New study unlocks the mystery of how âRSS Feed
A German study has solved a major mystery about how specialised microglia cells “know” how to respond to a brain injury, ScienceDaily.com reports.
Microglia rush to the site of a brain injury where they scavenge away dead debris and damaged neurons. However, just how they detect where the injury is has remained shrouded in mystery.
Lead author Dr Francesca Peri said: “Considering that they help keep our brain healthy, we know surprisingly little about microglia. Now, for the first time, we've identified the mechanism that allows microglia to detect brain injury, and how that emergency call is transmitted from neuron to neuron.”
In ingenious experiments with zebrafish, Dr Peri and her team were able to track the molecular signalling system that ultimately tells the microglia where they’re needed. By inducing a focal brain injury in the fish and studying their brains under a microscope, the researchers realised that the glutamate “distress signal” emitted by damaged neurons triggers nearby neurons to absorb calcium. As they do, they release adenosine triphosphate (ATP). This is what the microglia seize on, rushing along the ATP “trail” to the damaged area.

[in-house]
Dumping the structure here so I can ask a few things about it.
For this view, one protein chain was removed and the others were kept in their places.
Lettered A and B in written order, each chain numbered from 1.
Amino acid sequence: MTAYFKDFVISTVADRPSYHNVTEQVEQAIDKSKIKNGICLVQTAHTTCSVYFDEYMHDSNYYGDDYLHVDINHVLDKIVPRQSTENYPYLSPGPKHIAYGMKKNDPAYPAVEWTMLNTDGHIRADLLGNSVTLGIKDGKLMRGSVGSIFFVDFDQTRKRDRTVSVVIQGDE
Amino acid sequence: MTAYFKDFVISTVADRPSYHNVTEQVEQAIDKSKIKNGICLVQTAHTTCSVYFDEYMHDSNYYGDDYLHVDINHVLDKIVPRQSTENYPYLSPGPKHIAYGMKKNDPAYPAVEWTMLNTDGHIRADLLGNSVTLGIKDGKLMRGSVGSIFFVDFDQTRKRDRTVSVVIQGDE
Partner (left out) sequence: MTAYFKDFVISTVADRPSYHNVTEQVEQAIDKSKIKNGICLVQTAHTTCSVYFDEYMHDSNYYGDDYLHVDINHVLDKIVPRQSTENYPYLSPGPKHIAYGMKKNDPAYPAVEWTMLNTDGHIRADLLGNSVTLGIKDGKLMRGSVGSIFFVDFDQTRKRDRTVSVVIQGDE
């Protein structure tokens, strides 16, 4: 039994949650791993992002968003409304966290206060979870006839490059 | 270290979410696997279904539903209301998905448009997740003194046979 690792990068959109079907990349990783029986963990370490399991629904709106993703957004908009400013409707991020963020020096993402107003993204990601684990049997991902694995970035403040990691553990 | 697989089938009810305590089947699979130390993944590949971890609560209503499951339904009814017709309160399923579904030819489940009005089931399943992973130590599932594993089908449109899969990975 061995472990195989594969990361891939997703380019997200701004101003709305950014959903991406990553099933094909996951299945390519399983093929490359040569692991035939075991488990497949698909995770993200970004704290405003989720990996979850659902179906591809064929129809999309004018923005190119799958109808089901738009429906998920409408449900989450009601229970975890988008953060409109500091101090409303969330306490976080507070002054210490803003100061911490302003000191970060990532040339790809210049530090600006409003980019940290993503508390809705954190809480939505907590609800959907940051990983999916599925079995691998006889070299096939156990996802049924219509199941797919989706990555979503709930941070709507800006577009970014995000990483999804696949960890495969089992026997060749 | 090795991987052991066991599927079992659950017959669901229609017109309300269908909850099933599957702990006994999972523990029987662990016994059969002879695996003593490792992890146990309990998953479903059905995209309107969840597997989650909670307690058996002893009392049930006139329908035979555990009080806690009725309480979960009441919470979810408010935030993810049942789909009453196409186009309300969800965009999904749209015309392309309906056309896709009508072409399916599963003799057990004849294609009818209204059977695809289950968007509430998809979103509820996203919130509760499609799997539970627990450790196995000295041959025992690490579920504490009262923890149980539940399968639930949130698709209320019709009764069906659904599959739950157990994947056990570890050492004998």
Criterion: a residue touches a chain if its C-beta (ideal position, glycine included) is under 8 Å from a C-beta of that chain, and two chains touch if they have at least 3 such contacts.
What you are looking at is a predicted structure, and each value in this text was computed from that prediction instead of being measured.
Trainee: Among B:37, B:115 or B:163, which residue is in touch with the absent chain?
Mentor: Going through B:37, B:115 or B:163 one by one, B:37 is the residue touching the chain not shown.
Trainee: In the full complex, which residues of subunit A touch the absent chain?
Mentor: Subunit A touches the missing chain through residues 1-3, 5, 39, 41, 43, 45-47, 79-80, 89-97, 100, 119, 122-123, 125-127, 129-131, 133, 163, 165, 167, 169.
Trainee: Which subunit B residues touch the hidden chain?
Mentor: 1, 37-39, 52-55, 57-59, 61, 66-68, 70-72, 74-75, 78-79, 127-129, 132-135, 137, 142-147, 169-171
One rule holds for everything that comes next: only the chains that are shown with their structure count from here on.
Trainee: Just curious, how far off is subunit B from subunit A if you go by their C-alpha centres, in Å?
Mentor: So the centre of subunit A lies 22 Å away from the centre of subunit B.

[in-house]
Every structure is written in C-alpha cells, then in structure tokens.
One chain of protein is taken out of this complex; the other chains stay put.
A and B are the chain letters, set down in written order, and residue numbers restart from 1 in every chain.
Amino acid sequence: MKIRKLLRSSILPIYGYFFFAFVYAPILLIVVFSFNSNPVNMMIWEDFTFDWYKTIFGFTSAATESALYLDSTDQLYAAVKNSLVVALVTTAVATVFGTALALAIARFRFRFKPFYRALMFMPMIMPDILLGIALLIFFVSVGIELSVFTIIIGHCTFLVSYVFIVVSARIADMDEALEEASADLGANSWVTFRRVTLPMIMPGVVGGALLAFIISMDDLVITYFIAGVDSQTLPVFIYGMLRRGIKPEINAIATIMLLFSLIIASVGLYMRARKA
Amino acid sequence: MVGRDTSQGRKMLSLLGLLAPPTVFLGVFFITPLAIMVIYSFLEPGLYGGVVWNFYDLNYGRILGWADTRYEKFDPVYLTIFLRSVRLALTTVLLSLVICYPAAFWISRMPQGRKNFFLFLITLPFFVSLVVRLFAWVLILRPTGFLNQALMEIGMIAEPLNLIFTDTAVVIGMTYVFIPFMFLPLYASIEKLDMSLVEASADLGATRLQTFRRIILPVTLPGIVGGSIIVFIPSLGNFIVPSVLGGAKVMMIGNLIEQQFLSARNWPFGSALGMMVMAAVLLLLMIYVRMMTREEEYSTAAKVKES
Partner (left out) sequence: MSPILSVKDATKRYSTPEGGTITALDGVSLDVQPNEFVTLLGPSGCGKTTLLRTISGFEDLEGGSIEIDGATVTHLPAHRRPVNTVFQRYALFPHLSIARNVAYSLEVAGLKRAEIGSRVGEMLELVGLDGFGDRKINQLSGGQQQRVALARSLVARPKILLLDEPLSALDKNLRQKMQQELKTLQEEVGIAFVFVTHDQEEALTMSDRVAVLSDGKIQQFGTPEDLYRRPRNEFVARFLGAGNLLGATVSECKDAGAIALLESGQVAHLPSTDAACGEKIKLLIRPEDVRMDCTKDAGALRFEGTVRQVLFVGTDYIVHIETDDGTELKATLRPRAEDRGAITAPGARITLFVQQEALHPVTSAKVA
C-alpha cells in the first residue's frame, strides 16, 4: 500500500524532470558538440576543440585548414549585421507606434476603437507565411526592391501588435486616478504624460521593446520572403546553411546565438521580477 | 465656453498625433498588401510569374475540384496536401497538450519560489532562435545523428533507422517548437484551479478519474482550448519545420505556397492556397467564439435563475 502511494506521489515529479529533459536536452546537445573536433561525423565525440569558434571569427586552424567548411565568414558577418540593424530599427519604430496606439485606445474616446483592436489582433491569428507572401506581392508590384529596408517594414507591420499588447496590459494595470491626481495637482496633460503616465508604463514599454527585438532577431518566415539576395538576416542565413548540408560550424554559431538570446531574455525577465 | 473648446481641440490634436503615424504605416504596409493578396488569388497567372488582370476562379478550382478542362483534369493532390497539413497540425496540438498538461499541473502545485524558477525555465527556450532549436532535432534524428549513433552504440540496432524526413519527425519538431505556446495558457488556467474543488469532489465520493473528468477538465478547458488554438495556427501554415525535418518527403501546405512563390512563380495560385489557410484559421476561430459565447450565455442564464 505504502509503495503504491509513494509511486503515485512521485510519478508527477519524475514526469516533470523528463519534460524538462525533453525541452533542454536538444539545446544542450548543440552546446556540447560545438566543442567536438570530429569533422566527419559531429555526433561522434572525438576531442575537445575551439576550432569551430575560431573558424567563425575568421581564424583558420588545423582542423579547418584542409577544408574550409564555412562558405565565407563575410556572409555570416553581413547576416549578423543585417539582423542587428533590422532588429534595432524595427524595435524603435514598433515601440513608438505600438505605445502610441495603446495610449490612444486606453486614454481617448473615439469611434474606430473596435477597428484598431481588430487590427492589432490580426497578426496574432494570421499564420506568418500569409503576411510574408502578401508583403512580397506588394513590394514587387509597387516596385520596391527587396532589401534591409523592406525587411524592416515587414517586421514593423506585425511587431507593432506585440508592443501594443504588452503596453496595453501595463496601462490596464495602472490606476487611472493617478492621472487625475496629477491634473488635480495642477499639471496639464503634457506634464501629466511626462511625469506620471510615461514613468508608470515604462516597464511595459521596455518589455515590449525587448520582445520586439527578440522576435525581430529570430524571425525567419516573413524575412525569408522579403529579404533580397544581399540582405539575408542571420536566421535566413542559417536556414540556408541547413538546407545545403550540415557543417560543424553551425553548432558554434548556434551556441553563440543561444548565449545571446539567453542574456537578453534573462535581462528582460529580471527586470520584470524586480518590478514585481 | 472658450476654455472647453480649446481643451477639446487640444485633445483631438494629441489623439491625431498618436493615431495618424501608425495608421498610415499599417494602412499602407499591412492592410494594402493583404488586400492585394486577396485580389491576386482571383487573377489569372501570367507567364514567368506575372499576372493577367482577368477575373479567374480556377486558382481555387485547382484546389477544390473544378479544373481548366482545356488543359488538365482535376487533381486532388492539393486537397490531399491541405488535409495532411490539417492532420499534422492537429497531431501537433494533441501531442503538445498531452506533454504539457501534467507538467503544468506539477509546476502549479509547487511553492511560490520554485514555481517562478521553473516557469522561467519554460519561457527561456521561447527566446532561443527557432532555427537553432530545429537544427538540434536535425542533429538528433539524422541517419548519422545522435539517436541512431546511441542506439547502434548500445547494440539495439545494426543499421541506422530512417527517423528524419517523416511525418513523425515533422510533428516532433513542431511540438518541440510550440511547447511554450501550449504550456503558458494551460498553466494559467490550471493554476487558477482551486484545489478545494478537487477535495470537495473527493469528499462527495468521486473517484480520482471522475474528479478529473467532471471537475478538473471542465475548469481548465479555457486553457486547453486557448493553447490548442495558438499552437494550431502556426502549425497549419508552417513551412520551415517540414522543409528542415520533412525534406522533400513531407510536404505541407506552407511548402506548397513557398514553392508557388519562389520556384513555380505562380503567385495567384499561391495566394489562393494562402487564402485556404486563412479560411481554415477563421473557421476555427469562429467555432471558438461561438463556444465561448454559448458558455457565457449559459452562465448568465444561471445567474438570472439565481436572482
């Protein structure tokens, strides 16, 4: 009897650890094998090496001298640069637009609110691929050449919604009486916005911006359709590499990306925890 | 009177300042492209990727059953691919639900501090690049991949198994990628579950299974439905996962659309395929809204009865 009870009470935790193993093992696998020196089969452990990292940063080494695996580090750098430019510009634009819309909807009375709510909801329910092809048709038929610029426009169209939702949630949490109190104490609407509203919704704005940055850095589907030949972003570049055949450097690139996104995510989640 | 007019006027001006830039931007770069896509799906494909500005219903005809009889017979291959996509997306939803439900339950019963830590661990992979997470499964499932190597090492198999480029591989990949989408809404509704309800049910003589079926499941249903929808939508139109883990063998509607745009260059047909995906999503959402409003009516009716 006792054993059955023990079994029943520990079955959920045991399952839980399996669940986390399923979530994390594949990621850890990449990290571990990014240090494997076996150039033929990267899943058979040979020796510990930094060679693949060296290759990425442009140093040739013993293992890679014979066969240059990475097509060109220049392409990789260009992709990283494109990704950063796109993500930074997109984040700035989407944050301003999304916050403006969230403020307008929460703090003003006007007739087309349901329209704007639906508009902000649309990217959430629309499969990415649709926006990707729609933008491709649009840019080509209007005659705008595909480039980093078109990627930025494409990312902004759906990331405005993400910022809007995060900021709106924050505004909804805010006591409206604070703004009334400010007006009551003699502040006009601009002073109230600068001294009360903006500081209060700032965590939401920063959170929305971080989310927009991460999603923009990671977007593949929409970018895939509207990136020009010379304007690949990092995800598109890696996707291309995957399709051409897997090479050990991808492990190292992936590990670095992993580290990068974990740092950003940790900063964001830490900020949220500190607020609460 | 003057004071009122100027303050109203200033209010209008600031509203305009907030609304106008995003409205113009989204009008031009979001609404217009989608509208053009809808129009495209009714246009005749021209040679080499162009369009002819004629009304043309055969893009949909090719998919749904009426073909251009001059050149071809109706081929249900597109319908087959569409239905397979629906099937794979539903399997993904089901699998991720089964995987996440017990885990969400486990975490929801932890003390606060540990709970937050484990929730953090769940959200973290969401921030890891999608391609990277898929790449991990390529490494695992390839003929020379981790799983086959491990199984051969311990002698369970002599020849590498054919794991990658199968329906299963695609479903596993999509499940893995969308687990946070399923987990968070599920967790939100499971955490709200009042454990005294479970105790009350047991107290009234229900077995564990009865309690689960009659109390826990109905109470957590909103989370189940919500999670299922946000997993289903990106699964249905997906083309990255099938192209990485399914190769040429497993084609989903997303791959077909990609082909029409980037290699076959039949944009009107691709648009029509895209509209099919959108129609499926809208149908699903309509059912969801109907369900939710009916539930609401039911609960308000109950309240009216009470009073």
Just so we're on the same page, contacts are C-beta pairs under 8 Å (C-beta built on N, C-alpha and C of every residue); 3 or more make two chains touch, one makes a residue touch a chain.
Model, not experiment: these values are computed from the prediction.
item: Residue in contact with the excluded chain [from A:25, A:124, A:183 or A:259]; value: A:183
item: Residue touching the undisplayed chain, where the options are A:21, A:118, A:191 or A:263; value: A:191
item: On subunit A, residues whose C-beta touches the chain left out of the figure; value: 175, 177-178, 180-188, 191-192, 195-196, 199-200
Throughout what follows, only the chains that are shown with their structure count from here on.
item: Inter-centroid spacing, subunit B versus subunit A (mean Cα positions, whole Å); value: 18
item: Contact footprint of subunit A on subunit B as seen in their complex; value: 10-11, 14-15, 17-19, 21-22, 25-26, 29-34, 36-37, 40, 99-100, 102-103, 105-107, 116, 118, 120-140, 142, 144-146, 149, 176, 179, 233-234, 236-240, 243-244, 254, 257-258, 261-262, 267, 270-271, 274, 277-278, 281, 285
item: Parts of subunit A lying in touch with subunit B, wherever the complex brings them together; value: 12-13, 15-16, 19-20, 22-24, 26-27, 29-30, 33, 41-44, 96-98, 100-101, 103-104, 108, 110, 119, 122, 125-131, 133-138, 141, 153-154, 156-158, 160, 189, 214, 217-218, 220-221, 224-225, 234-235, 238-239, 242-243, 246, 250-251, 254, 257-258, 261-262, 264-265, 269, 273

ATP wasn’t previously thought to play a role in signalling as it breaks down rapidly after being released. It simply wouldn’t last long enough to form a trail for the microglia to follow. However, the calcium absorption by cells around the injury is the key – it functions to cause a sustained release of ATP so that it remains present for sufficient time for the microglia to follow it.
The discovery may lead to new treatments for conditions such as Alzheimer’s and Parkinson’s, where microglial signalling malfunctions.Back to Brain Injury News news